https://www.aamc.org/students/download/345244/data/pstopics.pdf
Ag3PO4>>> Ag+ PO4 ^3-
what do you mean by extensive hydrolysis ?
 

Teleologist

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very slight dissociation.

i don't understand why you quoted czarism saying
"MX salts would all have Ksp expressions of x^2."

I quoted him because he is wrong. So I did not quote for truth.

Also what do you mean very slight dissociation? The phosphate anion falls apart into what now?
 

Oh_Gee

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I quoted him because he is wrong. So I did not quote for truth.

Also what do you mean very slight dissociation? The phosphate anion falls apart into what now?
but if [MX] >> [M][X]

wouldn't Ksp for a MX always equal x^2




Also what do you mean very slight dissociation?


you asked what do i think happens if weak bases go in water and i said they dissociate slightly
 

Teleologist

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you asked what do i think happens if weak bases go in water and i said they dissociate slightly

Wait before we clarify the other stuff you need to tell me exactly what happens to weak bases when they come in contact with water.

For example, what happens to the phosphate anion? Can you write me an equation?
 

Oh_Gee

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Wait before we clarify the other stuff you need to tell me exactly what happens to weak bases when they come in contact with water.

For example, what happens to the phosphate anion? Can you write me an equation?
Ag3PO4>>> 3Ag+ + PO4 ^3-
 

Czarcasm

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Woah, be careful, we need to also be aware that some salts have basic anions which often undergo extensive hydrolysis at the concentrations they are released in solution. Consider silver phosphate; at the initial molarity that phosphate anion is released into solution, extent of hydrolysis is ~100%. Been there done that. Yes I did do the calculation a long time ago.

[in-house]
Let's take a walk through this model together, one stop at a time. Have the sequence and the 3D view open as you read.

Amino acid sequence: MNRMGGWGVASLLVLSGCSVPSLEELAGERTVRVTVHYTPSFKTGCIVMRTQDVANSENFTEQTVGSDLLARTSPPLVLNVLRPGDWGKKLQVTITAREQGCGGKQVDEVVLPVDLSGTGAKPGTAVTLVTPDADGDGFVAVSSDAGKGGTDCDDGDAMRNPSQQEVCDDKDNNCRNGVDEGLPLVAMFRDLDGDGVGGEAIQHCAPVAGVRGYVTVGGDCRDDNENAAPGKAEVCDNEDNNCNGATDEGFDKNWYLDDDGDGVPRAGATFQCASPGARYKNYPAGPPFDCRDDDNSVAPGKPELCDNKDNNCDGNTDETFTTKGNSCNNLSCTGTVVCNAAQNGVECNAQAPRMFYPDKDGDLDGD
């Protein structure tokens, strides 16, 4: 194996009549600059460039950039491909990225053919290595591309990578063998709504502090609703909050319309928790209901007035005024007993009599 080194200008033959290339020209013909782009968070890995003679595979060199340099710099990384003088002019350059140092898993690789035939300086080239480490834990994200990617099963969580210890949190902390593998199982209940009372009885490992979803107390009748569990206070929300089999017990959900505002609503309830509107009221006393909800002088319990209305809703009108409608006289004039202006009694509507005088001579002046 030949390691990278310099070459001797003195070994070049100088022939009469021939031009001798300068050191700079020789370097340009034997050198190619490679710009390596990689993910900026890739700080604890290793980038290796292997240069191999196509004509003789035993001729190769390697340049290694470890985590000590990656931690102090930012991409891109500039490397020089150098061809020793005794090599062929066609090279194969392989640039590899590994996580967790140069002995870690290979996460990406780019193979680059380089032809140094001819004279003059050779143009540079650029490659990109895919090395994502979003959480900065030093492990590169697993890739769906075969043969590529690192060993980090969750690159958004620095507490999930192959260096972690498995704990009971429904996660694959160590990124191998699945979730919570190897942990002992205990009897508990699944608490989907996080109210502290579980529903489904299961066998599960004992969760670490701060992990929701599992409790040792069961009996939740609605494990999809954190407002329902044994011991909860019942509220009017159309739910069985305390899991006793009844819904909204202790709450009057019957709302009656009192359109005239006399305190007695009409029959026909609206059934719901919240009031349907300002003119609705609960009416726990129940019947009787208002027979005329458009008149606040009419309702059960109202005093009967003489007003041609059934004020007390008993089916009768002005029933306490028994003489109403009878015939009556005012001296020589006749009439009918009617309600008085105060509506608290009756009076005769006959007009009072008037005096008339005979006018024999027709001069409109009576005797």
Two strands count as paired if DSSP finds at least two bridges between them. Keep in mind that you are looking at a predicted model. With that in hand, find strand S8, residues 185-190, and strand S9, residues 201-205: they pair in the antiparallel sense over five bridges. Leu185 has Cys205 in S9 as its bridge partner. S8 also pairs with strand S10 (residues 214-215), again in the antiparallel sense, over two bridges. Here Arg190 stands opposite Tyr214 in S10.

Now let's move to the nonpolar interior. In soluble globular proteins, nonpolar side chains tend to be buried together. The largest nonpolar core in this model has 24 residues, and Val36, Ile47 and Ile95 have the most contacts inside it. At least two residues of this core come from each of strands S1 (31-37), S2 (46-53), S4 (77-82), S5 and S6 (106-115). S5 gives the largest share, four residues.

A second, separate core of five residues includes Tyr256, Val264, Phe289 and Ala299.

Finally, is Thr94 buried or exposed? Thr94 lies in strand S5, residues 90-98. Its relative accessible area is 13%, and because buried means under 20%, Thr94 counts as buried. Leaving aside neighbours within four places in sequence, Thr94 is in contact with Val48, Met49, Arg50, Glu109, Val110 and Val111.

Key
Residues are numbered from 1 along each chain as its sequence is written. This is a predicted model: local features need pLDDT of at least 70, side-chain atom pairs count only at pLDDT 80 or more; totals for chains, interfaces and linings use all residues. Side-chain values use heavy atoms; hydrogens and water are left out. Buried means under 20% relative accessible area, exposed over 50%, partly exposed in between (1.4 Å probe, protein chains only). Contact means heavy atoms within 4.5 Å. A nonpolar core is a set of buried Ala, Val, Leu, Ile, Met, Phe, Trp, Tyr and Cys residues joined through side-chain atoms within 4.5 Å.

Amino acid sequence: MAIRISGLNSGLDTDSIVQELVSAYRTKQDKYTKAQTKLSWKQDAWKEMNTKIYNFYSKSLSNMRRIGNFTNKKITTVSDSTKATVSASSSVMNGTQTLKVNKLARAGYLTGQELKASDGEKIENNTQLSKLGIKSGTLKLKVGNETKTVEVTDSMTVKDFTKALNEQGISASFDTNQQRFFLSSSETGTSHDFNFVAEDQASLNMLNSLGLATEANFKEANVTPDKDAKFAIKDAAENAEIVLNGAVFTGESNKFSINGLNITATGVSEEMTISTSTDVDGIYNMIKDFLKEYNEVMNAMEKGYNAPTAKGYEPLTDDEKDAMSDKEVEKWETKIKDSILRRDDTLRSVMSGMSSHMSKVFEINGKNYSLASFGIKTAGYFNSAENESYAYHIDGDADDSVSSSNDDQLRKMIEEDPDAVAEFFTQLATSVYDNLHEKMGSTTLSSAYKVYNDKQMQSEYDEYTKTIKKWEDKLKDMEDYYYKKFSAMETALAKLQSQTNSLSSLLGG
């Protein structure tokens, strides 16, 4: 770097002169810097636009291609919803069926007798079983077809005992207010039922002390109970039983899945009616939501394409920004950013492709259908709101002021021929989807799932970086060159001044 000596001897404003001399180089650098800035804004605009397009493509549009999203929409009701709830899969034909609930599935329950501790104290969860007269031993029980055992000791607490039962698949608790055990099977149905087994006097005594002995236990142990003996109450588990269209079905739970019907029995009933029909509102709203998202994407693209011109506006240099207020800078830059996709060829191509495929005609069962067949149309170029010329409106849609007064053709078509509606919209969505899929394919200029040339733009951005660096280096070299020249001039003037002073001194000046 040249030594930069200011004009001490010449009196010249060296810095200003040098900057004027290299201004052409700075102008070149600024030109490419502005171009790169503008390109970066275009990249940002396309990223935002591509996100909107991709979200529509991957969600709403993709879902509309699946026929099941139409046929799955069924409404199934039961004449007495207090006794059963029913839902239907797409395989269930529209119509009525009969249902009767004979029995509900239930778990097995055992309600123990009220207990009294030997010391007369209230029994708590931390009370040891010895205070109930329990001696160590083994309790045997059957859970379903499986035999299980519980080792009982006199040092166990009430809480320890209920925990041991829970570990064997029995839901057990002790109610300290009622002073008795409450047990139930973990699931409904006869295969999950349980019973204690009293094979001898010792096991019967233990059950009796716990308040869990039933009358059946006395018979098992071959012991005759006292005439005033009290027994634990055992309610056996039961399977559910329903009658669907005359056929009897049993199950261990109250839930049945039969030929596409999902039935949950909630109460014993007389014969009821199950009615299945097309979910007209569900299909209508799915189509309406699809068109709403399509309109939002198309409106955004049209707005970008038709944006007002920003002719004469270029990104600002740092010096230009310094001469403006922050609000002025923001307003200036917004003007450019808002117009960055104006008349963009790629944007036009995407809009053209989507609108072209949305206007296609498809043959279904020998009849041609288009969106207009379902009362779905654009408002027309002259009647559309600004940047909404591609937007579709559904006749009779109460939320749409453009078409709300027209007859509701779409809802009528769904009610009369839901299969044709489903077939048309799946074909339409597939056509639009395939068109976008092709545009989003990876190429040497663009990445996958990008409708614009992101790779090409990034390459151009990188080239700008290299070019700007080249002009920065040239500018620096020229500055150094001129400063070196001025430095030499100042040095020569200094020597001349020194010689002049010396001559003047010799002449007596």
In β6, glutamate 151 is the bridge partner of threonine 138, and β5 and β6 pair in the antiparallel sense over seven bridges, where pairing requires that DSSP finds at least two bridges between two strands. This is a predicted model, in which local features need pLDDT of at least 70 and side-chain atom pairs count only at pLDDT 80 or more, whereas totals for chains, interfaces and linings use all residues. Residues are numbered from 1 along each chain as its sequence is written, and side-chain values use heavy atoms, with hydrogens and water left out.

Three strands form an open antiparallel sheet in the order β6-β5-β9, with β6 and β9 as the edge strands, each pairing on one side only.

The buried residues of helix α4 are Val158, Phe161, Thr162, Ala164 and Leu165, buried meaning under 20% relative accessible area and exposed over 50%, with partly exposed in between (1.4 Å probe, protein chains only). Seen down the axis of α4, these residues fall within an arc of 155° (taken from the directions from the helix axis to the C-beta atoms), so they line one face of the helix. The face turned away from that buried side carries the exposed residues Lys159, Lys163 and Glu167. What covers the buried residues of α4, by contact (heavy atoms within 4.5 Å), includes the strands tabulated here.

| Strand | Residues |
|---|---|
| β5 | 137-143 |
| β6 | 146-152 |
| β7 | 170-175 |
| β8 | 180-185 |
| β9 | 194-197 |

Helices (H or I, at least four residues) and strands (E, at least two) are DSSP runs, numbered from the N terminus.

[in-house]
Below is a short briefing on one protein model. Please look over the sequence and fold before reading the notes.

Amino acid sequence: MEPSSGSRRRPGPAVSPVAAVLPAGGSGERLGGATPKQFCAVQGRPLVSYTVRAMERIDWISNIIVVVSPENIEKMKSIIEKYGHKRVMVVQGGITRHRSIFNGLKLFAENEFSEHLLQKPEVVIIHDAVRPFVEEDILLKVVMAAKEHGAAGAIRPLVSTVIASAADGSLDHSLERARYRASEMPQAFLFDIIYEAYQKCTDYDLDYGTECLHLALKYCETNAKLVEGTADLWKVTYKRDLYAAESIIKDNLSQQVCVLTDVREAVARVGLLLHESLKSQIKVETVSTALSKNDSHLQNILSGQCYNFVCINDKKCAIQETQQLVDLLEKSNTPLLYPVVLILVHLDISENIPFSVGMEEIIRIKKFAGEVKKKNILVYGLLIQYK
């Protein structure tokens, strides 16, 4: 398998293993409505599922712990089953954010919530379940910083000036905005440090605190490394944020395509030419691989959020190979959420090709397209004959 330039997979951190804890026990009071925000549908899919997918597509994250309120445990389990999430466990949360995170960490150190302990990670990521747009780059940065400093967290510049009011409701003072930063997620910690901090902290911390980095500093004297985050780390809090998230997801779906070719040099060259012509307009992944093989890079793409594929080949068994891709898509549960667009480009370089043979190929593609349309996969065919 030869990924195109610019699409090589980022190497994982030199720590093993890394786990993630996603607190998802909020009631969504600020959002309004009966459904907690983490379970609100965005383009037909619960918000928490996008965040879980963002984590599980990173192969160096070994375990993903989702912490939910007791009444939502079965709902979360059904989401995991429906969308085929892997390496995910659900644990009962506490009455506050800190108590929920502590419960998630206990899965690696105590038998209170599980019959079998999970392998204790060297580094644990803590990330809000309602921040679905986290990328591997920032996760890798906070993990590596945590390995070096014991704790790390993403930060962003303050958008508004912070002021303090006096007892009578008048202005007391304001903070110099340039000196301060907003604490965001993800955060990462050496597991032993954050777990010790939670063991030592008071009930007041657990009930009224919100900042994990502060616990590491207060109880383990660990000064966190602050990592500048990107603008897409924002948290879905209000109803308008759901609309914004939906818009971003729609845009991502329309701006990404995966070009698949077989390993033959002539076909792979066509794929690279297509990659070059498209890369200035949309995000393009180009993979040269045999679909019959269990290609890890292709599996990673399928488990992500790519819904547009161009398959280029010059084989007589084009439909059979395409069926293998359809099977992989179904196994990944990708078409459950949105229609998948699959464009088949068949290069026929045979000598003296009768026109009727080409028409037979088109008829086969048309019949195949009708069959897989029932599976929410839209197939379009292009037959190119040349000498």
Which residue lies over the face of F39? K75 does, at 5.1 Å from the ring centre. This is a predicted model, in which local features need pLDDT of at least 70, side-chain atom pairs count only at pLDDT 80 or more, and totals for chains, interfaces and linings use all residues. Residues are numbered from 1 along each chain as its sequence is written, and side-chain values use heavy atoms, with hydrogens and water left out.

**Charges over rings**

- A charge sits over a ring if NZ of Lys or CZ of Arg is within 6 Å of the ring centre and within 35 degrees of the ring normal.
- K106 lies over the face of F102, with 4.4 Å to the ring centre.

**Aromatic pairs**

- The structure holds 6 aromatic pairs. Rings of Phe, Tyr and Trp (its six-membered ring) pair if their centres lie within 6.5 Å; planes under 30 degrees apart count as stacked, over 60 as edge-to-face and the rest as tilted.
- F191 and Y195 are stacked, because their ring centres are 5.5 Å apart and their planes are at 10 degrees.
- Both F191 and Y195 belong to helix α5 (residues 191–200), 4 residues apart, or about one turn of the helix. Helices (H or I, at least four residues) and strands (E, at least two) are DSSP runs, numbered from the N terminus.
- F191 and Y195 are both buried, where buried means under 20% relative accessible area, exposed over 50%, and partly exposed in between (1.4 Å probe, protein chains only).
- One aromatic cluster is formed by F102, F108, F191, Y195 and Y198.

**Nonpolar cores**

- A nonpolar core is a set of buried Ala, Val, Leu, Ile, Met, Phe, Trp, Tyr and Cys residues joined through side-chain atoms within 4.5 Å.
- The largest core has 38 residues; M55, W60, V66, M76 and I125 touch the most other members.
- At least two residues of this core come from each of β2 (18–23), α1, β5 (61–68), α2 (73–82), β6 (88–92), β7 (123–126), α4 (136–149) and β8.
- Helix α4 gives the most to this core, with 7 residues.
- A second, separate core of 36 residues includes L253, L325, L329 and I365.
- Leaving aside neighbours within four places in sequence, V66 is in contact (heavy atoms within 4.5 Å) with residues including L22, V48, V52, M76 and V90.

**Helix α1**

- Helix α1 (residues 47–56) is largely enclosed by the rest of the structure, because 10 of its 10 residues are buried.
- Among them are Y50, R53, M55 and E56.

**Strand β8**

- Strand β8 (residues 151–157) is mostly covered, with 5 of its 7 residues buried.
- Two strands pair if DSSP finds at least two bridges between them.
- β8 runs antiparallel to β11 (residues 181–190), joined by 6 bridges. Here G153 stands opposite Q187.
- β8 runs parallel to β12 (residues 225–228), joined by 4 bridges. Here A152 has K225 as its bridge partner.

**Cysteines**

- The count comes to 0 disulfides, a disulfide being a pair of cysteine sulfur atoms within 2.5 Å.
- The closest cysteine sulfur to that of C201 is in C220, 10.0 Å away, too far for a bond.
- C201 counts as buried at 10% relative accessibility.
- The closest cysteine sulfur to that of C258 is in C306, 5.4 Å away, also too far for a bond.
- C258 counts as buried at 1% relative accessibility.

And yes this is on the MCAT:



https://www.aamc.org/students/download/345244/data/pstopics.pdf
Dude, you're talking nonsense. I was specifically referring to a situation involving the calculation of molar solubility. If you're being asked to compare the solubility of salts based on a table of Ksp's, then it's reasonable to assume they do not dissociate 100%. You over analyze things way too much. I'm not sure if you've taken your MCAT yet, but I promise you that line of thinking will hurt you.
 

Teleologist

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Dude, you're talking nonsense. I was specifically referring to a situation involving the calculation of molar solubility. If you're being asked to compare the solubility of salts based on a table of Ksp's, then it's reasonable to assume they do not dissociate 100%. You over analyze things way too much.

You misunderstand. I'm not referring to the dissolution of the salt. And again, what is there to assume about the salt dissociating 100%? Of course any semi-soluble salt for which you have a Ksp for probably isn't going to dissociate 100%. I suggest re-reading my statement and re-reading the content outline which states explicitly that what I said is on the MCAT. Now, if you can't understand what I wrote or what the content outline means, here's the place and time to ask me.